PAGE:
Gift of Mrs. Dorothy Nesh Shack

Shamma or dress of white, plain weave cotton, stitched in Ethiopia. The shamma has a scoop neckline and is sleeveless; those openings are accented with olive green embroidered over cast stitches, and small diamond-like forms filled in with embroidery in red, yellow or purple. Professor William Alfred Shack (1923-2000), a social anthropologist on the faculty of the Department of Anthropology, University of California, Berkeley, researched the social structure of the Gurage people of Ethiopia in 1957-59 and in 1962-65. On the second tour his wife, Dorothy (nee Nesh) accompanied him. During the 1962-65 research trip Mrs. Shack had several shamma made to wear there. She described the Ethiopian market places where men would sew such garments on older sewing machines. She believes that her waist measurement was taken, but the rest of the garment was "sized" only through observing her standing in the market place. She indicates that you would choose the fabric and perhaps select a trim color, and then the garment would be made for you. This shamma has a full, gathered skirt, decorated down the front with embroidery and a strip of olive decorative tape which has been embroidered. There is a band of matching decorative tape going around the skirt, 1.5 inches up from the hemline. It fastens down the back with a metallic "silver" zipper; garment is completely lined in white cotton. This shamma is worn with a natella (2000.60.3).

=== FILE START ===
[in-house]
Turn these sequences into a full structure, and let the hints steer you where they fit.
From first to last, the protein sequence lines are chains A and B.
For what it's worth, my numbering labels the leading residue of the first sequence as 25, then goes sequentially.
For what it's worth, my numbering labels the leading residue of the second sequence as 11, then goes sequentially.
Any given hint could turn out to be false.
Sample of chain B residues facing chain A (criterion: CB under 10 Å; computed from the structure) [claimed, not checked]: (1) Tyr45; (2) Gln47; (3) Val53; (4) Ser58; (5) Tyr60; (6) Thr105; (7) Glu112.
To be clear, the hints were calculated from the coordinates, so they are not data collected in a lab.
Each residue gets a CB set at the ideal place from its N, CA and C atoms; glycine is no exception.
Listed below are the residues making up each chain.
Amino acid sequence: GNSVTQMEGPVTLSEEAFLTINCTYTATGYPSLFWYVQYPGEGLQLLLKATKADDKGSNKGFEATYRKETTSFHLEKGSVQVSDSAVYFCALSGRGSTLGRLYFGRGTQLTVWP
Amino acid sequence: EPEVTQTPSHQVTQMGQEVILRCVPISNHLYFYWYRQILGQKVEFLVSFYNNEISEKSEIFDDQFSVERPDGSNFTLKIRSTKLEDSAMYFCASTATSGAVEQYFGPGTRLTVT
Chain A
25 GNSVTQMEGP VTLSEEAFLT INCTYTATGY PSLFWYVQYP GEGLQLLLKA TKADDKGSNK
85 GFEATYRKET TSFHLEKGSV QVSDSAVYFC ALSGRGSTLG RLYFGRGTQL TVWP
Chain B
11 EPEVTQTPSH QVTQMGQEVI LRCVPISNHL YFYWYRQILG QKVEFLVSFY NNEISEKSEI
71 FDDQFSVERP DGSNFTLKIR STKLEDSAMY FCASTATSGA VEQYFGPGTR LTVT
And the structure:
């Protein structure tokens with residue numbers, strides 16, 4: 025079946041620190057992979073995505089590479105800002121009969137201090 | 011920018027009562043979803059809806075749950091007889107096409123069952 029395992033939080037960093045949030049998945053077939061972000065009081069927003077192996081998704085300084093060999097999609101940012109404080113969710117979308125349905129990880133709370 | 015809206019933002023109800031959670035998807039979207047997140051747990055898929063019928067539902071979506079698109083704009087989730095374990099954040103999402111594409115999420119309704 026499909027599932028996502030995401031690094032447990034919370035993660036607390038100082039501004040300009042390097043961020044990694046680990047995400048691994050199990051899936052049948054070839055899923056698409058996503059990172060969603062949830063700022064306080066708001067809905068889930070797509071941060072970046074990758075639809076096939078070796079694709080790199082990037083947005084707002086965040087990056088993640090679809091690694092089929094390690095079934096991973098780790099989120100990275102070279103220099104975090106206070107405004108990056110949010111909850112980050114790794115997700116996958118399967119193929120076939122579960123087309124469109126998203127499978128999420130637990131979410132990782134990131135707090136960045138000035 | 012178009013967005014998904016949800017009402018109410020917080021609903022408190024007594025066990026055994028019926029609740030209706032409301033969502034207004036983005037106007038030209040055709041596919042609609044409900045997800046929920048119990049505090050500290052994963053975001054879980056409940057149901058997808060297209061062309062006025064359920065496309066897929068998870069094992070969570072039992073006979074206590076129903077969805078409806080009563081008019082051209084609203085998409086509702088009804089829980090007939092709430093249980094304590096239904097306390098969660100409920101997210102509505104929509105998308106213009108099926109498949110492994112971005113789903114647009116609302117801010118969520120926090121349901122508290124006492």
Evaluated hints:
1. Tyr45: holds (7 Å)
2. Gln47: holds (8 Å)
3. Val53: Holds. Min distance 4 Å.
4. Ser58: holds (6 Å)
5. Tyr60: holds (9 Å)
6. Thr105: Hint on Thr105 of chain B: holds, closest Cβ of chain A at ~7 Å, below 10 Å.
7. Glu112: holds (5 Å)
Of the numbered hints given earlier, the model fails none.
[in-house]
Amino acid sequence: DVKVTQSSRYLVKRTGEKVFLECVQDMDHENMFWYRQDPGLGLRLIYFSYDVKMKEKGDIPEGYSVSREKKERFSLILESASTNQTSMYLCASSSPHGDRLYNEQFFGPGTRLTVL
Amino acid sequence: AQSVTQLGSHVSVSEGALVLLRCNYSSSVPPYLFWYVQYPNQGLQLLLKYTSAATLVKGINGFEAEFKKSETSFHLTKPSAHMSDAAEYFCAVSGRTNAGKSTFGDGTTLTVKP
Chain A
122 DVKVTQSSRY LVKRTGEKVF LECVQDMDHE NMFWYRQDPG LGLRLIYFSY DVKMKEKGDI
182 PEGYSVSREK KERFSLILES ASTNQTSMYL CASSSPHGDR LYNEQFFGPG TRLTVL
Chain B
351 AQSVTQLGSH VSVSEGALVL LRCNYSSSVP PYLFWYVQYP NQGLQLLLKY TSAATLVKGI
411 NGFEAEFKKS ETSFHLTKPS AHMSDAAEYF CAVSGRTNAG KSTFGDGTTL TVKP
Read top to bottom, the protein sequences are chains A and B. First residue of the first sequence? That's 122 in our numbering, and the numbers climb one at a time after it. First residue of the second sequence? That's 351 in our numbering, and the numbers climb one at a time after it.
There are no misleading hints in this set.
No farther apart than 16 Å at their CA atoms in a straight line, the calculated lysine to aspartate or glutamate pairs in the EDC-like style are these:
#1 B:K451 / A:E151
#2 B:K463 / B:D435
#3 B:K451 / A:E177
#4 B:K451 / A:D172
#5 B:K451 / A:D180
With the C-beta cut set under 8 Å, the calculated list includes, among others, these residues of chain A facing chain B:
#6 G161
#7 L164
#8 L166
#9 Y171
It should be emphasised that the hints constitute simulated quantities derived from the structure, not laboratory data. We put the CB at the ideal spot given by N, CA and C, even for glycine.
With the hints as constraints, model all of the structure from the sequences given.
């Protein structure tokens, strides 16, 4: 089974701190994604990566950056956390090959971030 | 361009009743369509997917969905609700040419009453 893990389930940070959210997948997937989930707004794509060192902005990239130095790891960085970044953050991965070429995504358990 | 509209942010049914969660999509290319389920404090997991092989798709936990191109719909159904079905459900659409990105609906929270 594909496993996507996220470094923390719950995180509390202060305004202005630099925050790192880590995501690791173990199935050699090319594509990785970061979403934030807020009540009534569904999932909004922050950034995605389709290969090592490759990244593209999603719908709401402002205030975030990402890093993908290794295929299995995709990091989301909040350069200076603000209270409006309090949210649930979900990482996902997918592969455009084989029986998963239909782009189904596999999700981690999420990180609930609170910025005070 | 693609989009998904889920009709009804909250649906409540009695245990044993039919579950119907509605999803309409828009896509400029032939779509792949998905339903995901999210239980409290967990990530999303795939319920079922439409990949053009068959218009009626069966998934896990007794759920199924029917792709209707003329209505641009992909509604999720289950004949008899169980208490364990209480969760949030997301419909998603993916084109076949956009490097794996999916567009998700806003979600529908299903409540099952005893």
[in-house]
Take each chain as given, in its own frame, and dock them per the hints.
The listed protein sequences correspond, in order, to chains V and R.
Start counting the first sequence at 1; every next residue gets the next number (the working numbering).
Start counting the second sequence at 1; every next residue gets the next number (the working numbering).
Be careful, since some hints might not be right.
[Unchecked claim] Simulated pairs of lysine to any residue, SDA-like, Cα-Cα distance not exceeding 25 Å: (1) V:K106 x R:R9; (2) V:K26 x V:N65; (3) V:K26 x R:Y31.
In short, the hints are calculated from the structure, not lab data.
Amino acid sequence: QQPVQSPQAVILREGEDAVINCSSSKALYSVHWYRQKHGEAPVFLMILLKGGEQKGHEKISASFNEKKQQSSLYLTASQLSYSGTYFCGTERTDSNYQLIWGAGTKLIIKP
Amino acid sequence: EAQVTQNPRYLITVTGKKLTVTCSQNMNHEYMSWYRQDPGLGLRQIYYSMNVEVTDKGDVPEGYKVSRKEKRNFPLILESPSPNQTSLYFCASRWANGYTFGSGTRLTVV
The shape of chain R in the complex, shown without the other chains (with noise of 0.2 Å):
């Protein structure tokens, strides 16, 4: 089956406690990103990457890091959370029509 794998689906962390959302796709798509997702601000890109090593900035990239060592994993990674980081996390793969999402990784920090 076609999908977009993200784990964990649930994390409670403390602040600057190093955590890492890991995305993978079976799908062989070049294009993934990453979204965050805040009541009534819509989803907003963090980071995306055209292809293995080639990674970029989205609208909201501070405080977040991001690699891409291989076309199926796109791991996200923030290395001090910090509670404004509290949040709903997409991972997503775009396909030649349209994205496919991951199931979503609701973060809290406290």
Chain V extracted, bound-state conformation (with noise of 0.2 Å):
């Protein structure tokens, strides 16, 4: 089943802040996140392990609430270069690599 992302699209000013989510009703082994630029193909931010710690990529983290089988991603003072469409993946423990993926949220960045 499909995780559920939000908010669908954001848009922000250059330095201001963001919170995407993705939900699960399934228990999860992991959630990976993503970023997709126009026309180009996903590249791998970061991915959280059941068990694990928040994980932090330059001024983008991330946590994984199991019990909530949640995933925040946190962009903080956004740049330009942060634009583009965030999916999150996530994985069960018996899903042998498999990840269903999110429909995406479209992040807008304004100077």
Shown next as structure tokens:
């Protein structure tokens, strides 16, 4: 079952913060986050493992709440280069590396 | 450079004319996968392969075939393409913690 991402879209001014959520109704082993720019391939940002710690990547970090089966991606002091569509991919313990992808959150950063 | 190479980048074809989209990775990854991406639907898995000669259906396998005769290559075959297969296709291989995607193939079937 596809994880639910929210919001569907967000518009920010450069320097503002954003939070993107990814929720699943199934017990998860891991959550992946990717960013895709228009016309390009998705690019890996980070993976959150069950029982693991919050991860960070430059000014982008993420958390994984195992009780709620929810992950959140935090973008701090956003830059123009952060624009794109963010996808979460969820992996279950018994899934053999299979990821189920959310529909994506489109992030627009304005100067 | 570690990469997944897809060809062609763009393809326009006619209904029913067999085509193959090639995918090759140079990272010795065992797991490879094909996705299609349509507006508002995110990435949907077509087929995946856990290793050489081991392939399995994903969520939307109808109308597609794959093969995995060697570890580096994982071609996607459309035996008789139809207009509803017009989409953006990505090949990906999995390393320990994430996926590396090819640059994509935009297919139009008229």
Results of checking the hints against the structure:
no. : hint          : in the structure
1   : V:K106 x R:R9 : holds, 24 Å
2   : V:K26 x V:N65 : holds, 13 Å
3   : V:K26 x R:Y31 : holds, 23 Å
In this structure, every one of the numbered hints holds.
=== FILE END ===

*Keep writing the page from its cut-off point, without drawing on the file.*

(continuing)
Used: adult | Female | Dorothy Nesh Shack | African American | Ethiopia

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